“It's basically an insulated piece of air, so it's like the difference between double and single glazing, so it's easier to keep the inside at a stable heat environment, heat temperature," he said.
The inflated incubator is collapsible and when folded resembles an ordinary travel bag.
It is powered through a regular electrical line, but Roberts said he has found a solution in case there is a power outage, which often happens in refugee camps.
“I thought 'why not car batteries?' There's loads of cars out there, they're pretty readily available. So you can plug this into a car battery. It will run for 24 hours and then when the mains [regular electrical line] comes back on, the mains can then charge this battery, and then that can run the incubator," he said.
Roberts' won the $47,000 James Dyson Award earlier this year for his incubator design. He said the project is still in the development phase, but the prize money will help him start a company for the mass manufacturing of inflatable incubators.
By Melissa Wirkus
“HIT has been shown to help some patients, but it has also been shown to perhaps provide some complications in care, or less than adequate care, when messages are not received, when messages are interrupted or when messages are routed to the inappropriate person,” explained Milisa Manojlovich, PhD, RN, CCRN, associate professor at the University of Michigan School of Nursing (UMSN) and member of U-M’s Institute for Healthcare Policy and Innovation.
Manojlovich will serve as the primary investigator on a new $1.6 million grant from the federal Agency for Healthcare Research and Quality (AHRQ) that will focus on health IT’s effects on nurse–physician communication. Manojlovich and her co-investigators will look at how communication technologies make it easier or harder for doctors and nurses to communicate with each other. They hope their research will identify the optimal way to support effective communication while fostering improved and positive interdisciplinary team-based care.
Until the research is completed, Manojlovich offers some simple procedures clinicians can begin to adopt right now to help alleviate common problems with digital communication:
1. Use multiple forms of technology
Just like there is more than one way to treat a cold, there is more than one way to communicate electronically. Utilizing multiple forms of technology to communicate important information, or sometimes even reverting back to the “old-fashioned” ways of making a phone call or talking in person, can help ensure the receipt of a message in an environment that is often inundated.
“One of the things we are going to investigate is this idea of matching the message to the medium,” Manojlovich said. “So depending on the message that you want to send, you will identify what is the best medium to send that message.”
Using the current Ebola situation in Texas as an example, Manojlovich explained that using multiple forms of technology as a back-up to solely documenting the information in the EHR system could have mitigated the breakdown in communication that occurred. “Although the clinician did her job by entering the information into the EHR, she maybe should have texted or emailed the physician with the information or found someone to talk to in person about the situation. What we are trying to do with this study is see if there is another way that messages like this could have been transmitted better.”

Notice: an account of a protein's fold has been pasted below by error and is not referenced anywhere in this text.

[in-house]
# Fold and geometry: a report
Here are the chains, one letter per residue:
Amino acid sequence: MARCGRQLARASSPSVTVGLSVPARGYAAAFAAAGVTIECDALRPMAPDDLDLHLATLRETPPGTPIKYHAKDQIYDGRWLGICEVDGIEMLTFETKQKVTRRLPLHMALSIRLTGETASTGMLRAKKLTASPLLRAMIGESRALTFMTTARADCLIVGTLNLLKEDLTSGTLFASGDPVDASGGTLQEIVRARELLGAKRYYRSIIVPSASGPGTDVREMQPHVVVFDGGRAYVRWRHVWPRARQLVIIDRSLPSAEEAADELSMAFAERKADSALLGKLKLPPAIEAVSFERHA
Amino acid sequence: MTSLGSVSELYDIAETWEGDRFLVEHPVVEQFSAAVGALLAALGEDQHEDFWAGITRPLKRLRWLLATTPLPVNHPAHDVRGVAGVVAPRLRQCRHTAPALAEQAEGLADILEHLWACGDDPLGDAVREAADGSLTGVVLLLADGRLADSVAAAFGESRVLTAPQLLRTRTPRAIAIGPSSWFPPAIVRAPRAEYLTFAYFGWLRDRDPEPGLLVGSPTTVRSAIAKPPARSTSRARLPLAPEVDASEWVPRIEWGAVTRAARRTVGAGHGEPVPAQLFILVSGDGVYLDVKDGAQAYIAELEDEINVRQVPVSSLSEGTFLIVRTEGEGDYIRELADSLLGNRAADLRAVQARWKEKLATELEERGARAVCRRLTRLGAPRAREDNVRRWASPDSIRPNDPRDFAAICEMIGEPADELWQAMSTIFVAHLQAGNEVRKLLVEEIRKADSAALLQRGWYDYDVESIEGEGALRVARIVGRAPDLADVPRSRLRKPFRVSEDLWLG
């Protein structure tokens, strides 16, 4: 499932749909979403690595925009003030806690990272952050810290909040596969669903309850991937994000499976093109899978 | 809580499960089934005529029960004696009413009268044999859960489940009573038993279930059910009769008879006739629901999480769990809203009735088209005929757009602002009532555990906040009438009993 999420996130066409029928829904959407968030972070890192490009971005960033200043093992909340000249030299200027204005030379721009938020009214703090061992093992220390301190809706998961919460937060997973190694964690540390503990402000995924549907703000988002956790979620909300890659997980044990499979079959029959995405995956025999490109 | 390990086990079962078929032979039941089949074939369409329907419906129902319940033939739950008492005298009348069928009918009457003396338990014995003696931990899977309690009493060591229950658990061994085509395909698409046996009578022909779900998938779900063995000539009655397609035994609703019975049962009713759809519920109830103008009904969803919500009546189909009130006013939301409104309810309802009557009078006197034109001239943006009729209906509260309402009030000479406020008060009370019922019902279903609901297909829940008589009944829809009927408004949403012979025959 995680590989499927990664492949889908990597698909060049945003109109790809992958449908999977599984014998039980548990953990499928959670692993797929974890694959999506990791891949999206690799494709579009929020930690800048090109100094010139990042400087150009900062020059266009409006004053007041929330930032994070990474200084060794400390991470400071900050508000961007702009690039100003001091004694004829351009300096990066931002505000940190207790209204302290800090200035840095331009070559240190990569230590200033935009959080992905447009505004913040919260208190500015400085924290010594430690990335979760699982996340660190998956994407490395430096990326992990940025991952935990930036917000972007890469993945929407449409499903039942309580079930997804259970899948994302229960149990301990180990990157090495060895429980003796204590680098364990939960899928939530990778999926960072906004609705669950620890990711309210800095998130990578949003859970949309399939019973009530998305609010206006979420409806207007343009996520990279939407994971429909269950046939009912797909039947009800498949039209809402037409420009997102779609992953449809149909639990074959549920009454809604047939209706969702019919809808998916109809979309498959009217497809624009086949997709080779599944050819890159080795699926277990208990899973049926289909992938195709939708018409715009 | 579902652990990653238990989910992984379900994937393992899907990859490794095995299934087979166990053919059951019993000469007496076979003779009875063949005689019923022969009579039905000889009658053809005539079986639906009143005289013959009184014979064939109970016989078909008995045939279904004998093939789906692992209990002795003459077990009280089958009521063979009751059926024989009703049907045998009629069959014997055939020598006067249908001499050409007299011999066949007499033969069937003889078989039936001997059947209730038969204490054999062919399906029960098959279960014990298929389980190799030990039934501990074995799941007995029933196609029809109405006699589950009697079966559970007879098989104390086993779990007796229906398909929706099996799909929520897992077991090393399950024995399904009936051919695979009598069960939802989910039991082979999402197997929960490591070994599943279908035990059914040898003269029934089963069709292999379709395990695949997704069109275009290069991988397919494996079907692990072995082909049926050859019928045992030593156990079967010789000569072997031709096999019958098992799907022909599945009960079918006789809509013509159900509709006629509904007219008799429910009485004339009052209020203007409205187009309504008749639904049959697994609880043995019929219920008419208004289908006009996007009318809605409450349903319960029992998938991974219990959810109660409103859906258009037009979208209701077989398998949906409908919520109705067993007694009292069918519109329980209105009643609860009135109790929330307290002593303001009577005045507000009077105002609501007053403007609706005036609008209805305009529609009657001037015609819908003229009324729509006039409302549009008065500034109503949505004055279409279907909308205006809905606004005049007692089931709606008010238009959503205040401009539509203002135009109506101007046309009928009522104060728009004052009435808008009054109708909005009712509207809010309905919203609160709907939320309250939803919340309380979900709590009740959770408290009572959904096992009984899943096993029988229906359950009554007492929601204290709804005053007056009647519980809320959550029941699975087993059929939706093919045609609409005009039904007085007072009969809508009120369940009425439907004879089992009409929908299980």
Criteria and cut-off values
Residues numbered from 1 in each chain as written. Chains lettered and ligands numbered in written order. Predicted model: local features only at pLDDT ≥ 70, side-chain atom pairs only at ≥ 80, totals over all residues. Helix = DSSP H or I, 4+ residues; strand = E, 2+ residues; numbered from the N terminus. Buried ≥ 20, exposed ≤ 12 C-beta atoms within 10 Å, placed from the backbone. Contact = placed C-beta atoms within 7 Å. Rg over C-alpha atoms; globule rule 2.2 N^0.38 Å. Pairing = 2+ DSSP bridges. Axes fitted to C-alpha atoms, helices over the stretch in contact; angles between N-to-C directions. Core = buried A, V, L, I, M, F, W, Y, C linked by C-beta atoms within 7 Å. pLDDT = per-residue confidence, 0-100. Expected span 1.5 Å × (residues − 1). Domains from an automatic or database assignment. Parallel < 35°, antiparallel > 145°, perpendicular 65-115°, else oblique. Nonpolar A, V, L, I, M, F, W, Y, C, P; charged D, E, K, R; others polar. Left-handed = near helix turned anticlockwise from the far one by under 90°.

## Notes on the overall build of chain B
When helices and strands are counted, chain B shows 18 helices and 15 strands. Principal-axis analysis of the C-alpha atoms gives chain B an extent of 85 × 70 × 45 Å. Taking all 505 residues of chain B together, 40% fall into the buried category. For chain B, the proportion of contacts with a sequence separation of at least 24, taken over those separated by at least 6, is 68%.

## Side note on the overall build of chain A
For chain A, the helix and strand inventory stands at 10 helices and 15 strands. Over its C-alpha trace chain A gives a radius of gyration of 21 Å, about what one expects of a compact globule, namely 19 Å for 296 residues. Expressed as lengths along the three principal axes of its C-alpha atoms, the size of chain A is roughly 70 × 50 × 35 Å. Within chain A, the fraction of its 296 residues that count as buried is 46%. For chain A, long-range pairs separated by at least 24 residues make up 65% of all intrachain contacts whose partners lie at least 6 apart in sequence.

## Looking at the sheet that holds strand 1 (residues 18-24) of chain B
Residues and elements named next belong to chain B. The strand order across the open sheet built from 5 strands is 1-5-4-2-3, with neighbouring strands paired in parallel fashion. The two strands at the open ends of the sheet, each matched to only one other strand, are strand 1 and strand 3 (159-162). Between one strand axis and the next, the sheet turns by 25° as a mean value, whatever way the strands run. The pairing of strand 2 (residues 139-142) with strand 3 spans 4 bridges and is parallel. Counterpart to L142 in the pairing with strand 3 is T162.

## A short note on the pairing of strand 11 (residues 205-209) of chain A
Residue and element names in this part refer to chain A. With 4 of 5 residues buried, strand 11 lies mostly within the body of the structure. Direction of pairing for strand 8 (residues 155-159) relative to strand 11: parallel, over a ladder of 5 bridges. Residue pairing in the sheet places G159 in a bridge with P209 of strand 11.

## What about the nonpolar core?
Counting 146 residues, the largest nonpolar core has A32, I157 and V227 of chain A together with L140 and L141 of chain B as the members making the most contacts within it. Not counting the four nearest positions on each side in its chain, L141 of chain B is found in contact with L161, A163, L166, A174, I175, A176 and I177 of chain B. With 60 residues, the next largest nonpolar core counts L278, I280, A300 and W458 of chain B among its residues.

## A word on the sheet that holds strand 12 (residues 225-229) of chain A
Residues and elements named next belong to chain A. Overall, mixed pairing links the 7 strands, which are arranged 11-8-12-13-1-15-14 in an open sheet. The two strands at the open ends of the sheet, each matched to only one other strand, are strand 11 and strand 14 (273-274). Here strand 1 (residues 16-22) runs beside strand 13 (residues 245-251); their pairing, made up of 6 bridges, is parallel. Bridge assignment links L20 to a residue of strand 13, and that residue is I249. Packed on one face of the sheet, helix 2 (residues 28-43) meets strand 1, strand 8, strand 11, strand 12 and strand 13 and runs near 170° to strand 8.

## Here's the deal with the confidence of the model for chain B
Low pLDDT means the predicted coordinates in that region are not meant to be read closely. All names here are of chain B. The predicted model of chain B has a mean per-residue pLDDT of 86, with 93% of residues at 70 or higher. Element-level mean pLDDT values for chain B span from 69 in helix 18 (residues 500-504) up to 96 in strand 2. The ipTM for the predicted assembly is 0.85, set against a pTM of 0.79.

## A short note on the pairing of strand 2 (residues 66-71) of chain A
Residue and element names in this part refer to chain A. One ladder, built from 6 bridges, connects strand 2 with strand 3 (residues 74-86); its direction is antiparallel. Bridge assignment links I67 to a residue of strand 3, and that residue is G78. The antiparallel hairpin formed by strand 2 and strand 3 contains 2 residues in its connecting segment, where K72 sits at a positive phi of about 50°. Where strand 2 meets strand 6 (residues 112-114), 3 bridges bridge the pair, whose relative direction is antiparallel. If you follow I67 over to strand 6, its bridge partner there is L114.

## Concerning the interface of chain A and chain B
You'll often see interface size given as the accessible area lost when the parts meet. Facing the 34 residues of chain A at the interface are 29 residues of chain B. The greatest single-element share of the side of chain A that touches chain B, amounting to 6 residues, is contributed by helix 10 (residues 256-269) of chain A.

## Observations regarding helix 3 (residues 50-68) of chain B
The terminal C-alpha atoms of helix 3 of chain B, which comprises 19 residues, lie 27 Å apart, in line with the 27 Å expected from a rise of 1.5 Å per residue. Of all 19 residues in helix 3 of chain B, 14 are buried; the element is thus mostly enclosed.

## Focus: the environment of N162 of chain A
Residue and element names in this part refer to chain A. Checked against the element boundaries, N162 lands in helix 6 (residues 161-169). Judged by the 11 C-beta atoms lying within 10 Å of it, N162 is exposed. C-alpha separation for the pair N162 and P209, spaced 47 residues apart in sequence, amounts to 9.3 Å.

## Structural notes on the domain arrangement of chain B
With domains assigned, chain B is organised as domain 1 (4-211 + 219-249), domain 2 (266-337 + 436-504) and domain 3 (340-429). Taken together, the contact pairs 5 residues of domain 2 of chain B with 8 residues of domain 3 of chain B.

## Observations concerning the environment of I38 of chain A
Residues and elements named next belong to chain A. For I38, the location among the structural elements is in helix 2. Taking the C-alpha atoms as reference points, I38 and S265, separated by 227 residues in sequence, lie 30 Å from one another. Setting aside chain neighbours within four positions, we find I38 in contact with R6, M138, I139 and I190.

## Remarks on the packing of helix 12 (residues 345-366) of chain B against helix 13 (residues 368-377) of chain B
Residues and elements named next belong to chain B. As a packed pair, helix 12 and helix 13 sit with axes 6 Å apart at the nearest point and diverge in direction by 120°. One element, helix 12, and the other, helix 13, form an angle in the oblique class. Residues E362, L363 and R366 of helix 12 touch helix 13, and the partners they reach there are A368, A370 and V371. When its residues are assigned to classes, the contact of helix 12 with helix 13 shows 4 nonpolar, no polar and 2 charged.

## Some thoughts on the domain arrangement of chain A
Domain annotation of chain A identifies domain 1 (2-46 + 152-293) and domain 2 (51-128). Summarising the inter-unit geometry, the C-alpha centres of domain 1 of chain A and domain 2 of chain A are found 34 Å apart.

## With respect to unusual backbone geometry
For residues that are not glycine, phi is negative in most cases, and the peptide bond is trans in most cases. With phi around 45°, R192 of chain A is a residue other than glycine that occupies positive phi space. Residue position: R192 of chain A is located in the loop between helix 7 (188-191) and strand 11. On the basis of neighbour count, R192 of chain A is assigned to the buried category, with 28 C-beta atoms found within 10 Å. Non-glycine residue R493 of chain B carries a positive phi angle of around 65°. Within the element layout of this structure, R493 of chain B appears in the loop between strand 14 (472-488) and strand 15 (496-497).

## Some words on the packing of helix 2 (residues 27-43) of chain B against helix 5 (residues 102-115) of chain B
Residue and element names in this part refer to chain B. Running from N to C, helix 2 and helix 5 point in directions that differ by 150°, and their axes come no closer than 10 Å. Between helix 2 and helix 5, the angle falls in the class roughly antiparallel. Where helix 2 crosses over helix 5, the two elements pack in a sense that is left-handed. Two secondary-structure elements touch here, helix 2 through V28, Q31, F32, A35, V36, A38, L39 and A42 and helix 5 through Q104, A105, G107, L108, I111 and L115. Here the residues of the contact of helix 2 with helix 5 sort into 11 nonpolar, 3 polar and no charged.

2. Include the whole message
Reducing fragmented messages and increasing the aggregation of key data and information in communications may be one of the most critical pieces to improving communication between nurses and physicians. Manojlovich has been passionate about nurse–physician communication throughout her career and has conducted several previous studies on communication technologies.
“What we’ve noticed, for example, is that nurses will sometimes use the same form of communication over and over again. In one of the studies we actually watched a nurse page the same physician three times with the same question within an hour period.”
The physician did not answer any of the messages, and Manojlovich concluded it was because the pages were missing critical components of information related to the patient’s care plan. Increasing the frequency of communications can be beneficial, but only if the entire message and all important facets of information are relayed.
“If you do what you’ve always done, you’re going to get what you’ve always gotten. If you don’t alter or change the communication technology you are using, you are going to get the same results,” she added.
3. Incorporate a team-based approach
“At a really high level the problem is that a lot of these computer and electronic health record technologies are built with individuals in mind,” Manojlovich said. “When you talk about care process and team processes, that requires more interaction than the technologies are currently able to give us. The computer technologies are designed for individual use, but health care is based on the interaction of many different disciplines.”